Sample of enacted and upcoming Medicaid Rate Increases:
As mentioned above, Medicaid rates and reimbursement methodology vary by state. Proactive states will typically re-base Medicaid rates annually or semi-annually based on recent cost reports and set Medicaid rates at a level sufficient to cover (or come close to covering) costs; states which are not as proactive re-base less frequently, use dated cost reports which do not reflect current expenses, and set rates which do not allow operators to cover costs.
Impact of rate increases to proceeds:
Utilizing HUD’s minimum DSCR of 1.45x, a 6.50 percent rate, 0.65 percent of annual MIP, and 35-year fully amortizing term, $300k in additional revenue less a Management Fee of 5 percent will increase potential proceeds by $2.5 million.
Below we highlight some states which have recently enacted Medicaid rate increases for Nursing Homes and/or Assisted Living and Memory Care communities as well as the potential impact of these increases to the bottom line:
- Effective July 1, 2023, Oregon increased their Basic Medicaid rate from $419.83 to $478.15, for an increase of 13.90 percent from the rate effective July 1, 2022. This included making permanent a temporary 5% COVID increase and 4 percent wage add-on. Since this income was previously received (just not on a permanent basis) the net increase was 4.30%. For a community with 10,000 annual Medicaid days, the net increase represents an annual estimated net revenue increase of $197k and gross increase of $583k (when excluding the temporary add-ons from the 2022 rate).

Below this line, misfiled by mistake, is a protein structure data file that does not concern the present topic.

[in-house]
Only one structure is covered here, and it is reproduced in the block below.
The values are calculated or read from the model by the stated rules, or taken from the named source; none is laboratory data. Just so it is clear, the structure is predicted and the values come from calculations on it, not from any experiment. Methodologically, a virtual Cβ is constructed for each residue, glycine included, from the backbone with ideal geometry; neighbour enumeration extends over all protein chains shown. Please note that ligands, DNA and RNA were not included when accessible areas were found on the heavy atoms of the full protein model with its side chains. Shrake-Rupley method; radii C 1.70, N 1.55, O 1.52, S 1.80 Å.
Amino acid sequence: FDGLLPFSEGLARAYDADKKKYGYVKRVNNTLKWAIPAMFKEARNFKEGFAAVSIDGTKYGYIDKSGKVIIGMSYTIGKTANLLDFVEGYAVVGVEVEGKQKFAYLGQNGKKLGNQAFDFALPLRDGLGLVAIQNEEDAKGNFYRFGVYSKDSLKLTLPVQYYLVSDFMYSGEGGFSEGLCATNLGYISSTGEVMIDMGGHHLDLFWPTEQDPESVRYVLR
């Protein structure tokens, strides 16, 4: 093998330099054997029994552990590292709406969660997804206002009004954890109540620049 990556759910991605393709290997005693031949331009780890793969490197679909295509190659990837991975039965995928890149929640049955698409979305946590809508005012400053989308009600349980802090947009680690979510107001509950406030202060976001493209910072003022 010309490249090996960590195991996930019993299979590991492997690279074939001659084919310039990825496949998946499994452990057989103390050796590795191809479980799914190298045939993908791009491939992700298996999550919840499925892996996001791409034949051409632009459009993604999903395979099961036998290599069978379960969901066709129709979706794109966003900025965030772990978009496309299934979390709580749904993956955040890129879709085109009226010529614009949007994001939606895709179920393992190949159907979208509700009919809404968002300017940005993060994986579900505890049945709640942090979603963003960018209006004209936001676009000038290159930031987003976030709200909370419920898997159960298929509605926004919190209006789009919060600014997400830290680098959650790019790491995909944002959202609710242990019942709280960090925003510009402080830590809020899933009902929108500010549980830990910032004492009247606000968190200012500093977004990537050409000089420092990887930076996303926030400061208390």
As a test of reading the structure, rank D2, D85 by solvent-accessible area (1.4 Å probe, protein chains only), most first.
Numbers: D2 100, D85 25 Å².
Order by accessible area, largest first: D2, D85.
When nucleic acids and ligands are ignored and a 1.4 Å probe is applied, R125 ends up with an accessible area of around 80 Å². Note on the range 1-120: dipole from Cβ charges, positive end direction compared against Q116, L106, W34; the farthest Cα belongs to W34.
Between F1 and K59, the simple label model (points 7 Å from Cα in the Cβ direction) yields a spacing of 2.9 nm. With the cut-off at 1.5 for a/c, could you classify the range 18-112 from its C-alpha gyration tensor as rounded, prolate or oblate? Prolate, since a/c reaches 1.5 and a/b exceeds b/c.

Assisted Living/Memory Care:
- Effective July 1, 2023, Oregon provided funding to make temporary 5 percent COVID Add-On and 10 percent Wage Add-On permanent, integrating them into the base rate. The result is a base rate increase of 15 percent although since these funds were already being received, the net rate increase was 0%. Assuming Assisted Living and Memory Care Medicaid rates of $3,000 and $4,000 respectively prior to the increase has resulted in current rates of $3,450 and $4,600 respectively.